Orphan Survival Stories Index |
"IT'S JUST A LITTLE BITTY BABY"
"A BABY BIRD FELL OUT OF IT'S NEST!" I yelled at the top of my lungs.
"Just leave it alone and keep on raking the pine straw," said Mr. Ball, the house parent of our dormitory at the orphanage where I lived.
"But it's just a little, bitty baby bird," I said.
"I said leave the damn thing right where it lay," he demanded.
All 15 of us boys, ranging in age from 5 to 10, stayed in a single line with one another and we just kept on raking.
"That baby’s gonna die without it's momma bird," said one of the boys.
All of a sudden, the mother bird swooped down at us trying to keep it away from the small bird, which was evidently learning to fly. Almost at once, we boys started laughing out loud and running in different direction, so the bird would not peck us when she dove down.
"Get your little asses back in line and finish raking this damn yard," yelled the house parent.
We tried to line up once again, but the momma bird would not stop diving at us.
Get over by the damn building," hollered Mr. Ball.
We ran over to the building and lined up with our backs against the white two-story dormitory. Mr. Ball walked up to the baby bird and kicked it as hard as he could, causing it to roll into the thick azalea bushes. Suddenly, the momma bird swooped down, landed on top of his head and started pecking his hair. Then she flew away. By then, we boys were rolling on the ground laughing. We had never seen anything so funny in all of our lives.
"SHUT YOUR GOD DAMN MOUTHS!" yelled Mr. Ball as he came running toward us.
He grabbed Bill Smith by the arm and slapped him across the face as hard as he could, causing him to bang his head into the white, brick building. At that point, boys were running everywhere and screaming at the top of their lungs. The momma bird just kept on diving at Mr. Ball, who was trying to shoo it away with both of his hands, but no matter what he did, the bird would not stop chasing or diving at him.
We boys finally gathered together over by the swing set. We did not see Mr. Ball anywhere. Slowly, we walked back over to the building where Bill Smith was laying on the ground not moving. No matter what we did, he would not open his eyes or move.
"I think maybe Billy is dead and Mr. Ball killed him dead. He's a killer. MR. BALL IS A KILLER!" yelled one boy as he took off running across the orphanage grounds toward the head office. Then the back door of the dormitory opened and out walked Mr. Ball with a rifle in his hands.
"Mr. Ball, little Billy is dead. He won't move," said Wayne Evers.
"Get out of my damn way," he yelled as he cocked the rifle.
"Where's that damn bird," he asked.
"It's in the azalea bushes by the baby bird," said Frankie.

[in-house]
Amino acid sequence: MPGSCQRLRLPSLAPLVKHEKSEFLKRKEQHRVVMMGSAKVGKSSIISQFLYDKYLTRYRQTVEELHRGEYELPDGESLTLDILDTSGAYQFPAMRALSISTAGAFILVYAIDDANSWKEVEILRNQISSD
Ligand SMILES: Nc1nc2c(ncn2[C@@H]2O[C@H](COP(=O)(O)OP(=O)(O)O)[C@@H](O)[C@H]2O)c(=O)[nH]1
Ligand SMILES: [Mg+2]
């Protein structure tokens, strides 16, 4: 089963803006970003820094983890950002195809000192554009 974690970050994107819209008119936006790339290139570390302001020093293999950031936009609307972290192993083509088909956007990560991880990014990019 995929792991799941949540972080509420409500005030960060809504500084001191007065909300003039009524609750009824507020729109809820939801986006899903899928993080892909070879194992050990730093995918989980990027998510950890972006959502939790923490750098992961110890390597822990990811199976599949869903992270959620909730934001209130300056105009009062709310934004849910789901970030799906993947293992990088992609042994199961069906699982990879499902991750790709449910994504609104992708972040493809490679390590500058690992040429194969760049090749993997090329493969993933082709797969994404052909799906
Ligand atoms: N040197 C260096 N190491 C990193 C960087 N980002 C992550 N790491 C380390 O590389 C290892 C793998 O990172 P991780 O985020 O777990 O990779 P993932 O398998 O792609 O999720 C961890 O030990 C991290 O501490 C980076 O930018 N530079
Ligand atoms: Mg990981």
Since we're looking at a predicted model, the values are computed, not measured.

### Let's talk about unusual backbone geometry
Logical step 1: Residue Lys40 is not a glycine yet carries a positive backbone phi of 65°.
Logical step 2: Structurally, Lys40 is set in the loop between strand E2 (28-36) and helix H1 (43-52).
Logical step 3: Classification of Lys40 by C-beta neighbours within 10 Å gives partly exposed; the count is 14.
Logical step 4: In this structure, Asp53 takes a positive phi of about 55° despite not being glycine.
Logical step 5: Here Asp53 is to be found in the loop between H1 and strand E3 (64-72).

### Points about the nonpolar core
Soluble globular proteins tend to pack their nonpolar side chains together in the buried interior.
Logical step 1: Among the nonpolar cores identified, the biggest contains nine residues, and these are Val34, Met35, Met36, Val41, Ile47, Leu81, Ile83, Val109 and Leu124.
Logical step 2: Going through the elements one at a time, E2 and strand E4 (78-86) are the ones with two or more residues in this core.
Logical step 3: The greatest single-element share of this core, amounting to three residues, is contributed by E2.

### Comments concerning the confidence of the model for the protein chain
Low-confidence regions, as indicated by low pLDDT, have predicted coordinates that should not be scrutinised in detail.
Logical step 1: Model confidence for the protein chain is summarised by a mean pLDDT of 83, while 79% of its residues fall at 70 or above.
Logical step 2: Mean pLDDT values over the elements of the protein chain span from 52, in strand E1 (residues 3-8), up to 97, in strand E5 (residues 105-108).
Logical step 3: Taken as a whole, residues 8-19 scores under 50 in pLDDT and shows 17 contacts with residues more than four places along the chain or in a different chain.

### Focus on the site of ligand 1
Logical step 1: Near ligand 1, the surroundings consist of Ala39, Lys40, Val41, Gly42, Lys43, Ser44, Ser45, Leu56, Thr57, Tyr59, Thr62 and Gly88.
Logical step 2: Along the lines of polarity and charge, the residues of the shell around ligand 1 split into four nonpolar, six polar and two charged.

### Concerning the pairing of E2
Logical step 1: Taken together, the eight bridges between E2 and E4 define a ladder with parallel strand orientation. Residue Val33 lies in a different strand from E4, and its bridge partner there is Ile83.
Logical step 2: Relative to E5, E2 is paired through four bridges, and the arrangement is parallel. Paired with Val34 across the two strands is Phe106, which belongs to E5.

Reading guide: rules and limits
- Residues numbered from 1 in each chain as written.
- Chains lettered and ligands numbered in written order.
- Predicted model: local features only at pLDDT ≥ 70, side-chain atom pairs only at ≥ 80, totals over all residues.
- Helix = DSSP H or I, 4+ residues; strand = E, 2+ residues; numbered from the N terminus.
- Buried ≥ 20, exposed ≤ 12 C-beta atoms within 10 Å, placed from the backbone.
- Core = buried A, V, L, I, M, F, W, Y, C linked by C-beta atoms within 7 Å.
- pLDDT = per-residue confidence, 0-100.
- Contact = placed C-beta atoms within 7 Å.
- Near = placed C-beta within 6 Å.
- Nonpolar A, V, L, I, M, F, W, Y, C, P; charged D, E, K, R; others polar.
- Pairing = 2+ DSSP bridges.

"You shut up Frankie," yelled several of the boys as another boy hit Frankie on the top of his head.
Mr. Ball pointed the rifle toward the bushes and started slowly walking in that direction. The momma bird was sitting on top of one of the many azalea bushes overlooking the baby bird. Slowly, Mr. Ball raised the rifle.
"Please, Mr. Ball, sir. Please don't kill the momma bird," I yelled.
All at once, the rifle fired. Some of the boys turned their backs and several started to cry. I looked up and into the face of Wayne Evers, who looked as though he was gonna explode.
"Get your rake, Roger," he said as he reached over and picked up his rake.
"What are we gonna do?" I asked.
"Were going to get Mr. Ball," he replied.
"But he’s got a rifle gun," I said.
"It's just a BB gun. He already fired it. It won't shoot no more," he said.
Several of the boys walked to their rakes, which were strewn about the yard, picked them up and lined up in a line with Wayne and I. Everything became totally quiet. Mr. Ball looked at us boys as we raised our leaf rakes above our heads. Slowly, he turned, cocked the BB gun and pointed it directly at us.
Wayne placed his rake on the ground and with his foot; he broke off the head leaving only the handle, which he then pointed at Mr. Ball, who was now aiming the rifle directly at Wayne's head. One at a time, the other boys broke off the heads of their rakes and joined the troop-line.
Still, there was not a sound as we stood there facing one another down.
"WHAT'S GOING ON OUT HERE!" yelled Mrs. Winters, the head matron.
She came running over because one of the boys told her that Mr. Ball had killed Billy Smith.
"These boys tried to attack me after I told them to finish raking the yard. They just do not want to mind, Mrs. Winters," Mr. Ball said.
"That's not true, Mother Winters," said one of the boys. Mr. Ball, he was shootin' birds."
"Who broke all them rakes?" she yelled.
Nobody said a word. Mrs. Winters turned around and walked back over to her office. About half an hour later, the police came and took all us boys to the Juvenile Hall and we had to go before the judge. The judge would not listen to us and we got six weeks locked up in the cage at the Juvenile Hall.
We found out later that Bill Smith was taken to the hospital, that he had only been knocked unconscious.
By the time we returned to the orphanage, that little bird had died and the ants ate everything, except the bones and some feathers. We had a funeral just like we did for all the animals that were killed while we lived in that place. At the end of the funeral all 15 of us boys made a promise that we would never kill anything, even after we grew up.
However, some months later we did attack Mr. Ball in the sewing room, and he was beaten within an inch of his life by about 20 of us. We never saw him again after that.
There is one important thing that I learned from living in that terrible orphanage. As soon as I find out what it is, I will let you all know.